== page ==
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Compositionality Results for delta-Bisimulations

Radu Grosu ( Vienna University of Technology )

By appealing to the small-gain theorem of one of the authors (Girard), we show that the 13-variable sodium-channel component of the IMW cardiac-cell model (Iyer-Mazhari- Winslow) can be replaced by an approximately bisimilar, 2-variable HH-type (Hodgkin-Huxley) abstraction. We show that this substitution of (approximately) equals for equals is safe in the sense that the approximation error between sodium-channel models does not get amplified by the feed-back-loop context in which it is placed. To prove this feed-back compositionality result, we exhibit quadratic-polynomial, exponentially decaying bisimulation functions between the IMW and HH-type sodium channels, and also for the IMW-based context in which these sodium-channel models are placed. These functions allow us to quantify the overall error introduced by the sodium-channel abstraction and subsequent substitution in the IMW model. To automate the computation of the bisimulation functions, we employ the SOSTOOLS optimization toolbox. Our experimental results validate our analytical findings. To the best of our knowledge, this is the first application of delta-bisimilar, feedback-assisting, compositional reasoning in biological systems.

Speaker bio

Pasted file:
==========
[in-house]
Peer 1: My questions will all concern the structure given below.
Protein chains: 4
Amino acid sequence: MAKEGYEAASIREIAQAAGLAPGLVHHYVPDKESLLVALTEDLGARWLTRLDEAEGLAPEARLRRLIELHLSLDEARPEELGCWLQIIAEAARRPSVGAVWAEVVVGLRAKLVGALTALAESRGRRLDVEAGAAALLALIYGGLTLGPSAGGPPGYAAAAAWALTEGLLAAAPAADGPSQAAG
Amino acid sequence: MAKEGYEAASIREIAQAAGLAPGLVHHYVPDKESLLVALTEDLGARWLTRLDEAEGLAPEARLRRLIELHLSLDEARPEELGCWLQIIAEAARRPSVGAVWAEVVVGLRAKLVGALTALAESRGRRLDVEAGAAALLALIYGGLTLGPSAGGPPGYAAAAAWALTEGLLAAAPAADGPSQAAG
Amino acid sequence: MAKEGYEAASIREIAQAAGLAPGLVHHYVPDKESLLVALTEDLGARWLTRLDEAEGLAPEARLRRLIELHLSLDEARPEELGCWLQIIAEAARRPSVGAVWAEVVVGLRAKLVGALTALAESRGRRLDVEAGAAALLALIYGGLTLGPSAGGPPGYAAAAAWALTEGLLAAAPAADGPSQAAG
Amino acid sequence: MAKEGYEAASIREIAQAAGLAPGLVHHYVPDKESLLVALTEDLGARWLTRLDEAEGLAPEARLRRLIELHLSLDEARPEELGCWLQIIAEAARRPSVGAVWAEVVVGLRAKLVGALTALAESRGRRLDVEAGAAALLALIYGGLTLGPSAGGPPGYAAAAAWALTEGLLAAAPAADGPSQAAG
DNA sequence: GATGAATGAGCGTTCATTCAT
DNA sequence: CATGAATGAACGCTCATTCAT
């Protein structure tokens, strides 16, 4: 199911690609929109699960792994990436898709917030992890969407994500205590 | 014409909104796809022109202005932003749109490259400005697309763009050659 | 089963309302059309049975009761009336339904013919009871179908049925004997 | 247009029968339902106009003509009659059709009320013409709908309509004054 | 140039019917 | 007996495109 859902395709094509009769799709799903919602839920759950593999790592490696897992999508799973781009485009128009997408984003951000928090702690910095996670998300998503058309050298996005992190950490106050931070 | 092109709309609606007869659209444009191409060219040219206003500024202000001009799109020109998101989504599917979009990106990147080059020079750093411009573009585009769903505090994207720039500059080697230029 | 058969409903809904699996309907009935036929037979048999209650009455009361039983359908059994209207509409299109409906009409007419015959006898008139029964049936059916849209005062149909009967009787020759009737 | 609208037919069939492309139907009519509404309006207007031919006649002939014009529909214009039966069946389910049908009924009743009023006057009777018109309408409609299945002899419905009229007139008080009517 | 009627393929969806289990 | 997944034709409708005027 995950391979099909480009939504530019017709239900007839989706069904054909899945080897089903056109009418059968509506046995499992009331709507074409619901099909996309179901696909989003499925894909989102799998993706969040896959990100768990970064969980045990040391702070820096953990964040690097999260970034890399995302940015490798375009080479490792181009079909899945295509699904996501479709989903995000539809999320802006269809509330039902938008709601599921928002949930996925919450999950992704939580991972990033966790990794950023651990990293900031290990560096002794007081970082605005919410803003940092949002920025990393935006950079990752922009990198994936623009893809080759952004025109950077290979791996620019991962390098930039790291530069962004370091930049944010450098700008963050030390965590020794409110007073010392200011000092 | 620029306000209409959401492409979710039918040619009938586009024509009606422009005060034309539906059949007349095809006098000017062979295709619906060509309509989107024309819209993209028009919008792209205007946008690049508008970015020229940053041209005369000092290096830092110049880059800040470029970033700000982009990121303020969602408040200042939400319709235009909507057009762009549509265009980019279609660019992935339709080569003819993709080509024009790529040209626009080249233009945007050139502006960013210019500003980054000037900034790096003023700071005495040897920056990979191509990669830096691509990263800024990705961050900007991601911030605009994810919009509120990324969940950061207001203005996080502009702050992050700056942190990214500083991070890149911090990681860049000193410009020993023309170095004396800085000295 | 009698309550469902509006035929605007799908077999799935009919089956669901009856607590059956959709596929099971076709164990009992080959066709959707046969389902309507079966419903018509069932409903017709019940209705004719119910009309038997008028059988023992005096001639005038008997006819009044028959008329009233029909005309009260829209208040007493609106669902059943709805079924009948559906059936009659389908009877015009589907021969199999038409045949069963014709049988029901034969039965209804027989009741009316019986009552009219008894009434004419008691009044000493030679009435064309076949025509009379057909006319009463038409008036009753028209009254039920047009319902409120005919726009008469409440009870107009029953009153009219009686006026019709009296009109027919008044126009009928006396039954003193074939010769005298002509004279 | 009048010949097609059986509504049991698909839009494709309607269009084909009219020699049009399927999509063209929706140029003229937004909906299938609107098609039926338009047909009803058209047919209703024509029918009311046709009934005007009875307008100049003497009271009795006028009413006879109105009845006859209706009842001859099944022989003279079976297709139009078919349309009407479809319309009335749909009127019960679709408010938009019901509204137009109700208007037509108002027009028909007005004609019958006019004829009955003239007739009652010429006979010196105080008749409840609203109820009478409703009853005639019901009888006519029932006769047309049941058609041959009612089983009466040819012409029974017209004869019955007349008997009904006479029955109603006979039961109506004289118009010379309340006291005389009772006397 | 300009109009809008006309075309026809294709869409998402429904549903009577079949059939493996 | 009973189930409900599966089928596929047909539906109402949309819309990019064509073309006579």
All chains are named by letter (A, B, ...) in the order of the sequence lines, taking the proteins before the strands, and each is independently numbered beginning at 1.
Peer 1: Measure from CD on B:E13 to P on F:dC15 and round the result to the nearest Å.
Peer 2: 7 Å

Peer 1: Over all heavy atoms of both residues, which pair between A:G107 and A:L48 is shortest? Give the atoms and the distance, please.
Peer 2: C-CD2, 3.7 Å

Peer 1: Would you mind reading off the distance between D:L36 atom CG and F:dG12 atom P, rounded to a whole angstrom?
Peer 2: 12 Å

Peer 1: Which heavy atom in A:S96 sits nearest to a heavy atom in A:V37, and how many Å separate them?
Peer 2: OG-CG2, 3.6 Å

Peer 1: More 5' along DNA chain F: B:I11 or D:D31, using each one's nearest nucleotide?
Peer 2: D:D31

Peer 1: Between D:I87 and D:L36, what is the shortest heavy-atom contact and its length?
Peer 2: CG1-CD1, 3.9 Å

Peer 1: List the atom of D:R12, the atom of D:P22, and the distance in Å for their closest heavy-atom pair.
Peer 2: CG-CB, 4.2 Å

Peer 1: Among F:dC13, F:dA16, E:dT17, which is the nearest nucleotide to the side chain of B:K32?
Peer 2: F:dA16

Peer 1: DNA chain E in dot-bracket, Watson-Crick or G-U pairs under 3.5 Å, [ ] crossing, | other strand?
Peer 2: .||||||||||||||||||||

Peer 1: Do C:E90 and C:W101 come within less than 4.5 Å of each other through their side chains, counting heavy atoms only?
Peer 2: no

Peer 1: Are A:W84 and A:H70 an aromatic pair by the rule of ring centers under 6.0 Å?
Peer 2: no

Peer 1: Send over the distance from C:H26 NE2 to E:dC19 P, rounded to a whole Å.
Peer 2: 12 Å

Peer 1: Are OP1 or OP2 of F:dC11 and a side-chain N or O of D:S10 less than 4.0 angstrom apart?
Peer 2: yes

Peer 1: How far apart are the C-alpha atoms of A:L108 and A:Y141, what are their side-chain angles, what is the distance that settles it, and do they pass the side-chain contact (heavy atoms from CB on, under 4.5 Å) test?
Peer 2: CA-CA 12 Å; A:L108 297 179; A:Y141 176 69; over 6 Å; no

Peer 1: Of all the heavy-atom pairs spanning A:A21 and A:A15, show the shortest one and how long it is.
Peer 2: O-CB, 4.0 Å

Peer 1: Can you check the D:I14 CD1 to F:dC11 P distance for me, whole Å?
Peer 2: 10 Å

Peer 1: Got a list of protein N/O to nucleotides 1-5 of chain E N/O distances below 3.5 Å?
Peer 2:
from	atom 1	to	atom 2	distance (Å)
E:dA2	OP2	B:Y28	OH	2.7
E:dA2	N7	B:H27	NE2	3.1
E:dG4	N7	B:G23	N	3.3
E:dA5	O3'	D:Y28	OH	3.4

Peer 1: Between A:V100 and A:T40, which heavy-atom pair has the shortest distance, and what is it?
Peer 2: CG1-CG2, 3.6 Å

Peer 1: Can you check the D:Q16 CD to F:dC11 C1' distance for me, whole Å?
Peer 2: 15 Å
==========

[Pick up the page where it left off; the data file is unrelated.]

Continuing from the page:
Radu Grosu is a full Professor, and the Head of the Institute of Computer Engineering, at the Faculty of Informatics, of the Vienna University of Technology. He is also the Head of the Cyber-Physical-Systems Group within the Institute of Computer-Engineering, and a Research Professor at the Department of Computer Science, of the State University of New York at Stony Brook, USA. He is the recipient of the National Science Foundation Career Award, the State University of New York Research Foundation Promising Inventor Award, the Association for Computing Machinery Service Award, and is an elected member of the International Federation for Information Processing, Working Group 2.2. Before receiving his appointment at the Vienna University of Technology, Radu Grosu was an Associate Professor in the Department of Computer Science, of the State University of New York at Stony Brook, where he co- directed the Concurrent-Systems Laboratory and co-founded the Systems-Biology Laboratory. He earned his doctorate (Dr.rer.nat.) in Computer Science from the Faculty of Informatics of the Technical University M√ľnchen, Germany, and was subsequently a Research Associate in the Department of Computer and Information Science, of the University of Pennsylvania, USA, and an Assistant Professor in the Department of Computer Science, of the State University of New York at Stony Brook, USA. His research interests include the modeling, the analysis and the control of cyber-physical systems and of biological systems. Applications include distributed automotive and avionic systems, autonomous mobility, green operating systems, mobile ad-hoc networks, cardiac-cell networks, and genetic regulatory networks.

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